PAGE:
If ever there were two phrases that didn’t seem to go together, they would probably be “Fitness trackers” and “National Security Risk.” The very idea that a simple fitness tracker could pose such a risk seems laughable on the surface, but this is no laughing matter.
Recently, a popular fitness tracking app called “Strava” published a heat map, which displayed the activity of its massive user base from around the world. In all, the heat map contained more than a billion activities, tracking every jog, bike ride, walk, swim, downhill, and other activity that users opted to log.
Unfortunately, this app is a favorite of military personnel, and when the heat map was published, researchers made a disturbing discovery. In logging their physical activity, military personnel gave away the locations of their (sometimes secret) bases. The Guardian reports, “Nathan Ruser, an analyst with the Institute for United Conflict Analysts, first noted the lapse. The heatmap “looks very pretty” he wrote, but is “not amazing for Op-Sec” – short for operational security. “US Bases are clearly identifiable and mappable.” The BBC comments, “It appears to show the structure of foreign military bases in countries including Syria and Afghanistan as soldiers move around them.”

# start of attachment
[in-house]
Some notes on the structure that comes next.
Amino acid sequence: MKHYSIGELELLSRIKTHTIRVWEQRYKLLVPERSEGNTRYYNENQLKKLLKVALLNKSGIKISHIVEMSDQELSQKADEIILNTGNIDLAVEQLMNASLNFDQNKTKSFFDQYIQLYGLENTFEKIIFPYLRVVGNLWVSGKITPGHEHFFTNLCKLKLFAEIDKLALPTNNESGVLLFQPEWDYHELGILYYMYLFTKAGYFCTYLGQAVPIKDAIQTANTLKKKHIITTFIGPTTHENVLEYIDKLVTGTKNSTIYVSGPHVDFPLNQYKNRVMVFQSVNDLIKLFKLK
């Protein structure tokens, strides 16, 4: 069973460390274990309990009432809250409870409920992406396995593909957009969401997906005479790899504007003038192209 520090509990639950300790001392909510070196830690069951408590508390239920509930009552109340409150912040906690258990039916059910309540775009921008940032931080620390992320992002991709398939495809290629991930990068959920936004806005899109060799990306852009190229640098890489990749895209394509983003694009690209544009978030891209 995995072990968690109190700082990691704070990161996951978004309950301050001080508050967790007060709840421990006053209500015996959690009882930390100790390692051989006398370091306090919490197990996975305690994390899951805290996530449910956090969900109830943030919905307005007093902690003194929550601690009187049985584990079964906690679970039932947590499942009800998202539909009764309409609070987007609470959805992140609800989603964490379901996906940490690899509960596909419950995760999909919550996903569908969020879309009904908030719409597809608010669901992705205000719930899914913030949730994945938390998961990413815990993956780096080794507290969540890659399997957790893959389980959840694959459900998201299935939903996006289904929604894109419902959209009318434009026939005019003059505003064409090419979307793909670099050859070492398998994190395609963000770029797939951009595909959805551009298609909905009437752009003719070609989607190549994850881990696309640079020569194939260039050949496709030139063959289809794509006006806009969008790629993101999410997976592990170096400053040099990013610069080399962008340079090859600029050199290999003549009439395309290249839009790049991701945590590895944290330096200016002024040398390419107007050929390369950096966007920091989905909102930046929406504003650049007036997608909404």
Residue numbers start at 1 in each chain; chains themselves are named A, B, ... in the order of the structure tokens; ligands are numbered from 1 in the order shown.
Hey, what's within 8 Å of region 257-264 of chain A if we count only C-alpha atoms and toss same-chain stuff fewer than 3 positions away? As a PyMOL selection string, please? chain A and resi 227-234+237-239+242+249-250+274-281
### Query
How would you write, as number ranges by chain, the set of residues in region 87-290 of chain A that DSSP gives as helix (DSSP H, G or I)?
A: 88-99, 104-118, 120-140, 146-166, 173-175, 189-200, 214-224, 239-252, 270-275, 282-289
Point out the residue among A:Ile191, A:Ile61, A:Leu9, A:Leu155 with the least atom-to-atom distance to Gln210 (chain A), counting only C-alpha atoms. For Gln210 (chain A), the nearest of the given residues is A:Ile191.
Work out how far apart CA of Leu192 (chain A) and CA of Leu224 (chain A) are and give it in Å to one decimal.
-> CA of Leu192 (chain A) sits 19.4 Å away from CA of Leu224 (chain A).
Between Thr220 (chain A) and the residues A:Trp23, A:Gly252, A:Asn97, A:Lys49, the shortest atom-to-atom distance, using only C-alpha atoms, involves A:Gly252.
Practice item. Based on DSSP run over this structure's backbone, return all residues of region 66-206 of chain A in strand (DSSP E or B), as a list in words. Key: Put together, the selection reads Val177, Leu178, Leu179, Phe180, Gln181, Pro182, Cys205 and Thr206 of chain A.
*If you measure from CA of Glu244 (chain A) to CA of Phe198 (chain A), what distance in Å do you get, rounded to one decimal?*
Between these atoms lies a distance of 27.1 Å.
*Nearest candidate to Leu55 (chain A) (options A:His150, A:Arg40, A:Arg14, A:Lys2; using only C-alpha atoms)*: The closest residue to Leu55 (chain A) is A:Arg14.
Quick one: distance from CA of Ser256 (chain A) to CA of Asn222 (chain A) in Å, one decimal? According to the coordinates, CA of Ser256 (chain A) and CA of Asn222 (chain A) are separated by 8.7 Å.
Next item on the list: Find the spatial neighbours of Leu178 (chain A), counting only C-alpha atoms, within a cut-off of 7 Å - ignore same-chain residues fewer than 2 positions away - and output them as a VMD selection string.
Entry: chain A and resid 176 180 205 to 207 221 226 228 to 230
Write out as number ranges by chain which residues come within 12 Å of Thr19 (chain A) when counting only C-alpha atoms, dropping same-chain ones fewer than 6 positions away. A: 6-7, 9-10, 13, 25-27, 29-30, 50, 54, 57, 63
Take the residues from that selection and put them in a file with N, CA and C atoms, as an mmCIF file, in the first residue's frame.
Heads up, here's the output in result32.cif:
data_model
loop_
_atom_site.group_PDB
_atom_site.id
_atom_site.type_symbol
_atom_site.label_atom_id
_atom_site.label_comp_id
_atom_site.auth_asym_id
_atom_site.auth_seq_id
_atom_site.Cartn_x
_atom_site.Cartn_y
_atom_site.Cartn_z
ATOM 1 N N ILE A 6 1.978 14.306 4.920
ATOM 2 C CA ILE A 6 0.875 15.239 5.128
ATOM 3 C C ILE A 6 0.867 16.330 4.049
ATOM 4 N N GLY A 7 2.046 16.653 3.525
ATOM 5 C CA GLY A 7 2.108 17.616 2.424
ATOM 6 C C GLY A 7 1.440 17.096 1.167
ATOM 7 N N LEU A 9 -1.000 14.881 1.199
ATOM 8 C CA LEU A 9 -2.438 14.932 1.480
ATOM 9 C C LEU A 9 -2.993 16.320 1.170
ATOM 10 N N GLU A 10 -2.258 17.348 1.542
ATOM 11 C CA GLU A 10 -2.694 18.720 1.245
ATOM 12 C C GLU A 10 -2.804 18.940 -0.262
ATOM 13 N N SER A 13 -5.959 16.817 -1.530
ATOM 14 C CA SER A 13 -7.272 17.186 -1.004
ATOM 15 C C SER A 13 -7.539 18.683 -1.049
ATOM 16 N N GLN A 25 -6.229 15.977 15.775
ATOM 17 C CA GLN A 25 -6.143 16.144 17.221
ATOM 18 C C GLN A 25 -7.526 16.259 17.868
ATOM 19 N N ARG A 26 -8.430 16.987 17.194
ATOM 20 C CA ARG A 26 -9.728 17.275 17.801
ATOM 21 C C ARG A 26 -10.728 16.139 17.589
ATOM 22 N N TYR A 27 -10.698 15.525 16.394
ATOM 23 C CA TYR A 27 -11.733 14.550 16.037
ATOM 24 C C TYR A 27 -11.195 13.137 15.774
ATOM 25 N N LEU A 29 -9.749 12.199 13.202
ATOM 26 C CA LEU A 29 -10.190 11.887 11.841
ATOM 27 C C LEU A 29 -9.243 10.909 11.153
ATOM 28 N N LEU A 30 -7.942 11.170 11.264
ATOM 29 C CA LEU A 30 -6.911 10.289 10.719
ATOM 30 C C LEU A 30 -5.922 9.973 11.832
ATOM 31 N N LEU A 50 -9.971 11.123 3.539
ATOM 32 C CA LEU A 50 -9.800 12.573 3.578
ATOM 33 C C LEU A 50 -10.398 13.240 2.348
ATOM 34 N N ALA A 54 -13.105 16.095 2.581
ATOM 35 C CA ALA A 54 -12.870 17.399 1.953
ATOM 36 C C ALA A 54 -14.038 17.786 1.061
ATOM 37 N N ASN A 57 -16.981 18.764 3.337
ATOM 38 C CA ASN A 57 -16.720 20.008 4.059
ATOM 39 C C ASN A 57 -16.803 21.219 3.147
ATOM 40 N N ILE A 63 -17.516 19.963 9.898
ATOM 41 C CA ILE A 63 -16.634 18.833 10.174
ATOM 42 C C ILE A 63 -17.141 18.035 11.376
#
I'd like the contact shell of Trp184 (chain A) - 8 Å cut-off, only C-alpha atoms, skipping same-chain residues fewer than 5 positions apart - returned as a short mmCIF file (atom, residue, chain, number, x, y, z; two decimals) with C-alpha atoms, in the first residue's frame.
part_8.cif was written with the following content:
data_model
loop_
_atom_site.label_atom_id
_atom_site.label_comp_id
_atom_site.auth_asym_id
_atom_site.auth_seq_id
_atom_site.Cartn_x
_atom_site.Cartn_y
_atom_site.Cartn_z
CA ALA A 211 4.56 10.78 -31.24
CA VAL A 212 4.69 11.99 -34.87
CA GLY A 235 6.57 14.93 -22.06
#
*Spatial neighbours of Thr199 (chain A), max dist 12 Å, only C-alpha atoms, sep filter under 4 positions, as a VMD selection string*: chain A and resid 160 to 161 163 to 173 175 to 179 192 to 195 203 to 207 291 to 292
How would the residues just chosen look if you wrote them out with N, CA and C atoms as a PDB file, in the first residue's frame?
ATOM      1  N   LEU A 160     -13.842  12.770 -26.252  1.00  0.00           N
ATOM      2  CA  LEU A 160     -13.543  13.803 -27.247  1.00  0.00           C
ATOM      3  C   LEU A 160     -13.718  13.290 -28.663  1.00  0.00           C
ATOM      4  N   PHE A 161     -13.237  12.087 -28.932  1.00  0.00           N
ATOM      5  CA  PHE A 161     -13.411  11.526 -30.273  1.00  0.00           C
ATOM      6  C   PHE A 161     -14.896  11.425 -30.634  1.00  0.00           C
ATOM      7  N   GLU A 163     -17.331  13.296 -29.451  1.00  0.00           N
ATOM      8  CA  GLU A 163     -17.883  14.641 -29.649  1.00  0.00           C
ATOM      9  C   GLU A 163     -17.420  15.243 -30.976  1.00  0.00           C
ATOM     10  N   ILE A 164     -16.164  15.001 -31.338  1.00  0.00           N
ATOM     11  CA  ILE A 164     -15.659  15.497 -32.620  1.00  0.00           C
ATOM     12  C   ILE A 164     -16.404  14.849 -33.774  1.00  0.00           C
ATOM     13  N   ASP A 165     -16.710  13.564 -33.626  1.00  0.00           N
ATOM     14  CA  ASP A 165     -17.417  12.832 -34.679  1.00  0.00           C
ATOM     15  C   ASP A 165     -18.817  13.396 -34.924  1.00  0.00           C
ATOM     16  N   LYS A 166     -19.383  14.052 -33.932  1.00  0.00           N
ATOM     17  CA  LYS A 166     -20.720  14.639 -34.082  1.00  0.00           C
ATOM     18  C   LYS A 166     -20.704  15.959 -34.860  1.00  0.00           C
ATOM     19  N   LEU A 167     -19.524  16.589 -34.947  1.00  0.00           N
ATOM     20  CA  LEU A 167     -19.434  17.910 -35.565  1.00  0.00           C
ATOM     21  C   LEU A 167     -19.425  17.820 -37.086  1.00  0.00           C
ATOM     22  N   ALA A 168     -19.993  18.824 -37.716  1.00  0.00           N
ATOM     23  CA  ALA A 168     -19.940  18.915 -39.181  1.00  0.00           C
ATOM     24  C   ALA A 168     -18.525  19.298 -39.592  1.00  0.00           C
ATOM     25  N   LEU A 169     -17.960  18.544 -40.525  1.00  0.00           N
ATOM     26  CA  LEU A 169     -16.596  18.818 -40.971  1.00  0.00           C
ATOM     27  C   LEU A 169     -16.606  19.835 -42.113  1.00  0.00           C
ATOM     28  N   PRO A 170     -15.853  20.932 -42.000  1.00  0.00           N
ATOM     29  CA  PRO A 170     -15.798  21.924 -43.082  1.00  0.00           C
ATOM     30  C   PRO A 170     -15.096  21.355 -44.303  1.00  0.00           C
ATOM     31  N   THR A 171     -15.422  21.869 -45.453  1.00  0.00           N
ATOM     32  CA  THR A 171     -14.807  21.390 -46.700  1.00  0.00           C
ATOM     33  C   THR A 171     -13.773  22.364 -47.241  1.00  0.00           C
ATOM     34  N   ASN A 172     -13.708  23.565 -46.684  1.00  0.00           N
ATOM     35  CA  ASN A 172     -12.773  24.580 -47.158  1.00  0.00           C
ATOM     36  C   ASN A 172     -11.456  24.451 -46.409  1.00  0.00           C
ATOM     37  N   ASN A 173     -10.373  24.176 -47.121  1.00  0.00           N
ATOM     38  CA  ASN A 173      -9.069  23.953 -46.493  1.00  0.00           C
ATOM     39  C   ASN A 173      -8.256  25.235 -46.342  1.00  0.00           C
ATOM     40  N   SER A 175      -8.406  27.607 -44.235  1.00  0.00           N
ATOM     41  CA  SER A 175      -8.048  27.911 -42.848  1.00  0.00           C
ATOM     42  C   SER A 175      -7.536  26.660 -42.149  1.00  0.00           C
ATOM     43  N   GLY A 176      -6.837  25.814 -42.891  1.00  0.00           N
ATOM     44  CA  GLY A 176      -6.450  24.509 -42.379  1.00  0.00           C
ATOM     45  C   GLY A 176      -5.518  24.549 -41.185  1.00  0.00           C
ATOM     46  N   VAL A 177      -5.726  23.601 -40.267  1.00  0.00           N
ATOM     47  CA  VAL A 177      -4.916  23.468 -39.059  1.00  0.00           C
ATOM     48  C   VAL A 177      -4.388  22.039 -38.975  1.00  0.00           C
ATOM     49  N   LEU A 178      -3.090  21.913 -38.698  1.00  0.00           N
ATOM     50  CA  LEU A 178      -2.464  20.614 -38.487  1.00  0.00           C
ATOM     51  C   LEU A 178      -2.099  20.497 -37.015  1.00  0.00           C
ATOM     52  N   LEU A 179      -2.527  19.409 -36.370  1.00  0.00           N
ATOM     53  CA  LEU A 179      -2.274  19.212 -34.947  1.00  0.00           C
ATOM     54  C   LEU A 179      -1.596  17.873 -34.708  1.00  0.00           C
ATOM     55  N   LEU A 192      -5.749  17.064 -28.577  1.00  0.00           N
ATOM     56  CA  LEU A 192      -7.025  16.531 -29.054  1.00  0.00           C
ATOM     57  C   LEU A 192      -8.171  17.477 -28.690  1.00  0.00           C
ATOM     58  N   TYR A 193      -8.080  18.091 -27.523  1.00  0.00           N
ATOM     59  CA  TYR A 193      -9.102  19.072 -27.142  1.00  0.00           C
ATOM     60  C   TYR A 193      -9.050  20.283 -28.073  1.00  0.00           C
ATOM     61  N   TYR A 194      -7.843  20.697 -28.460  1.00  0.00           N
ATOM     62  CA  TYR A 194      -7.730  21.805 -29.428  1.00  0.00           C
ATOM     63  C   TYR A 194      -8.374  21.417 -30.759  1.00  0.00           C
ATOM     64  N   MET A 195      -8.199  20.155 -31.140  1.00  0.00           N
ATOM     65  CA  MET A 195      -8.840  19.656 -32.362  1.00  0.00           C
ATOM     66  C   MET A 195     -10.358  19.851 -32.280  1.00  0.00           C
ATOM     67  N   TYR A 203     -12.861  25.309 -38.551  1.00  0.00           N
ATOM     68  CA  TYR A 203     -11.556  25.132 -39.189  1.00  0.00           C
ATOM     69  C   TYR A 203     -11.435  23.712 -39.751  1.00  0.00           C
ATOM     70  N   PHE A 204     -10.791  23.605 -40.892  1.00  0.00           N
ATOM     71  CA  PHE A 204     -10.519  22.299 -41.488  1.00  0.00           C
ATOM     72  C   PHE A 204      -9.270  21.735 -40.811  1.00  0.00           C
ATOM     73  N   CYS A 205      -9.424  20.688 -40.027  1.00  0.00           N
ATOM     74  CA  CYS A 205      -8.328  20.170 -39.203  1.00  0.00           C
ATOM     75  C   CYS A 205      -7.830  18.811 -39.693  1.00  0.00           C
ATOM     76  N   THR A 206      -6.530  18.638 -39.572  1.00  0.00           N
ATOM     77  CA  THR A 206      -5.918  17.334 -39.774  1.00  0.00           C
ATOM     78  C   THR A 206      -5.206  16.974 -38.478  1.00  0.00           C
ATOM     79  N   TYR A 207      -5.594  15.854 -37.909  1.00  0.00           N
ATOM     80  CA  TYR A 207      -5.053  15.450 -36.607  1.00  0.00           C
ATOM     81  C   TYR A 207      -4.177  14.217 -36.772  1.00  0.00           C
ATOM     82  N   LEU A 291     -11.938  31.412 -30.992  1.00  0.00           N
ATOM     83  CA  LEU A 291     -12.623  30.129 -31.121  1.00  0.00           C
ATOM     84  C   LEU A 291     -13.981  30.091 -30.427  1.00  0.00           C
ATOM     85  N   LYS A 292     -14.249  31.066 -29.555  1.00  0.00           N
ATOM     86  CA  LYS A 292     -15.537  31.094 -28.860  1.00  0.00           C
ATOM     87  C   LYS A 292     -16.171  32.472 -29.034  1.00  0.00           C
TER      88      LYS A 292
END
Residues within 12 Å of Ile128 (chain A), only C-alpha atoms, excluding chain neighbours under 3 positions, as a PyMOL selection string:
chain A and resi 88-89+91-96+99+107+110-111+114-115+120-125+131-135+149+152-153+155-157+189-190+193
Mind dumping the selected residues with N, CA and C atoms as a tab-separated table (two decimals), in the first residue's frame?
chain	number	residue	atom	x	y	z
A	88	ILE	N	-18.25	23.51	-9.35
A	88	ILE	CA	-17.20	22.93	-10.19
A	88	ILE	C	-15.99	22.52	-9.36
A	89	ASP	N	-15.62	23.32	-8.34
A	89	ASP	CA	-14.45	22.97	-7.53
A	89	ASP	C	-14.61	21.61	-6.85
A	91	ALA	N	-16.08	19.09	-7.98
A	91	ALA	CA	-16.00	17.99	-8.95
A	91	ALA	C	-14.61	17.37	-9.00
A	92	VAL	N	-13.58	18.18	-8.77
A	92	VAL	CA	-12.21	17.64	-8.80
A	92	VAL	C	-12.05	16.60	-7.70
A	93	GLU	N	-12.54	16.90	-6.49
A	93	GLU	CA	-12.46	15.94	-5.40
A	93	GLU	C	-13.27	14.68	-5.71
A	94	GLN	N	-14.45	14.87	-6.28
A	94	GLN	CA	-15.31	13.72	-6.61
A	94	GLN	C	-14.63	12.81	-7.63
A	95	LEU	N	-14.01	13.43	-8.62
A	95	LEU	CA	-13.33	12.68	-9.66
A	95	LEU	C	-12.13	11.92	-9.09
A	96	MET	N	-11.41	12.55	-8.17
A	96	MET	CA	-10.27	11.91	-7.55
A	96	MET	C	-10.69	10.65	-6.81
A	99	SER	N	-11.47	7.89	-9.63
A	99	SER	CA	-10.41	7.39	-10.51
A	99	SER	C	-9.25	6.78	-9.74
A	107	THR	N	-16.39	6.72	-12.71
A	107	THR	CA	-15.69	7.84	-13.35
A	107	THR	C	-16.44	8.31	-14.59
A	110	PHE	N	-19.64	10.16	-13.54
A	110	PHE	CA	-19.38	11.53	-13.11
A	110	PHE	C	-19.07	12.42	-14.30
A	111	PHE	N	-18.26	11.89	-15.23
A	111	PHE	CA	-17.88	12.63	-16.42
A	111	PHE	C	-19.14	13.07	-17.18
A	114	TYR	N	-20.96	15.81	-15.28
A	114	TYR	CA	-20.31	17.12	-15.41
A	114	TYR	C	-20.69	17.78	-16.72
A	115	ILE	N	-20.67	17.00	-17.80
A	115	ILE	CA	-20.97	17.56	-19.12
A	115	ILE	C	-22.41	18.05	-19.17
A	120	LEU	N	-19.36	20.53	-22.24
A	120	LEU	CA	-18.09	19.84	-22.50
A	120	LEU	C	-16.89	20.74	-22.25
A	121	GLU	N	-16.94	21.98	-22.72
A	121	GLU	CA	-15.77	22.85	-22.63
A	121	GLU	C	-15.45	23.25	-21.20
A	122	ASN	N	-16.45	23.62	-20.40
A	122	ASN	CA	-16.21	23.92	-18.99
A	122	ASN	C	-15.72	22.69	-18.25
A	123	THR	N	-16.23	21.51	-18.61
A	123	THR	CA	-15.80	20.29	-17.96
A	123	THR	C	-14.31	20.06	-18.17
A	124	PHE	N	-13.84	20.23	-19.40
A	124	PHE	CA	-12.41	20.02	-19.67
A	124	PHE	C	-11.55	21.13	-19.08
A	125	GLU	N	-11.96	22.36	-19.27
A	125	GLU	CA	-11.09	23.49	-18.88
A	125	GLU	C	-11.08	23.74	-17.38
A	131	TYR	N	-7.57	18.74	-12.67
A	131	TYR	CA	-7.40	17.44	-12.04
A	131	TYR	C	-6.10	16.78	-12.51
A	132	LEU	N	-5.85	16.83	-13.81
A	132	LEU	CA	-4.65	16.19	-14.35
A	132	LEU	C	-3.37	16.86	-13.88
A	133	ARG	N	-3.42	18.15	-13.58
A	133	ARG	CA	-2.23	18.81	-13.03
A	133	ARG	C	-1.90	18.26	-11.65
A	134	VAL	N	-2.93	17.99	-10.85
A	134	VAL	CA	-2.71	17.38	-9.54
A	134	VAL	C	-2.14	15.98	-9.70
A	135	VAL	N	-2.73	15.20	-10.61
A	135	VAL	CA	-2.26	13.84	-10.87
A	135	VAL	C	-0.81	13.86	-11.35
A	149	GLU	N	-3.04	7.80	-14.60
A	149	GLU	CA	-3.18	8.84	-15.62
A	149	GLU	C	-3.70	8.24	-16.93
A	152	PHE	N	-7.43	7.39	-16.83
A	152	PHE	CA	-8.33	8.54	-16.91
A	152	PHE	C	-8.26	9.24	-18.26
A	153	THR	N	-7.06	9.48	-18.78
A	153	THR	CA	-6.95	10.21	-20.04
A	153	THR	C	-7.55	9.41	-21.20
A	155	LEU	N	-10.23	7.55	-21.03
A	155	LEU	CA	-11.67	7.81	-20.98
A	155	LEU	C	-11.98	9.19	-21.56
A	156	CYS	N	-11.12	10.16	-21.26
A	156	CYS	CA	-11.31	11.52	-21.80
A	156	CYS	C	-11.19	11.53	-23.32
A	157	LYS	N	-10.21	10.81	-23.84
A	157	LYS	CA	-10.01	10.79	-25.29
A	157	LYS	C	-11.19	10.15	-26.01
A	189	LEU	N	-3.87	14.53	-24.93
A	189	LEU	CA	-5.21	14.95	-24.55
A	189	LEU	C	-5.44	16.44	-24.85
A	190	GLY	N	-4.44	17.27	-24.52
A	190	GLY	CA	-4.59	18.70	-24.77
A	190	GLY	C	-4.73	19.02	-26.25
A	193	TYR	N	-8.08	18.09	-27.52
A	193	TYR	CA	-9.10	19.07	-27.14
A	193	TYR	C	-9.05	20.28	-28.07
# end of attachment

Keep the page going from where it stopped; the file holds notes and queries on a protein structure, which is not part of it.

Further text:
Although the data was stripped of personally identifying markers before being loaded onto the map, other researchers have been able to de-anonymize the data, tying individual activity routes to specific people.
From a national security standpoint, this is disturbing on two levels. First, of course, is the fact that the locations of supposedly top-secret bases could be discovered so easily, and by something as innocuous as a fitness app.
Second, and every bit as disturbing, is the fact that since it has been demonstrated that the data can be de-anonymized. This means that enemies of any existing government can accurately locate key personnel. Armed with an activity map that establishes a “reliable pattern of life,” it can use that data to plan carefully orchestrated attacks against specific individuals.
Needless to say, the presence of apps that know so much about us and our precise whereabouts is going to require a total rethink by government agencies around the world. One has to wonder, how many other unintentional side effects will we see in the months and years to come?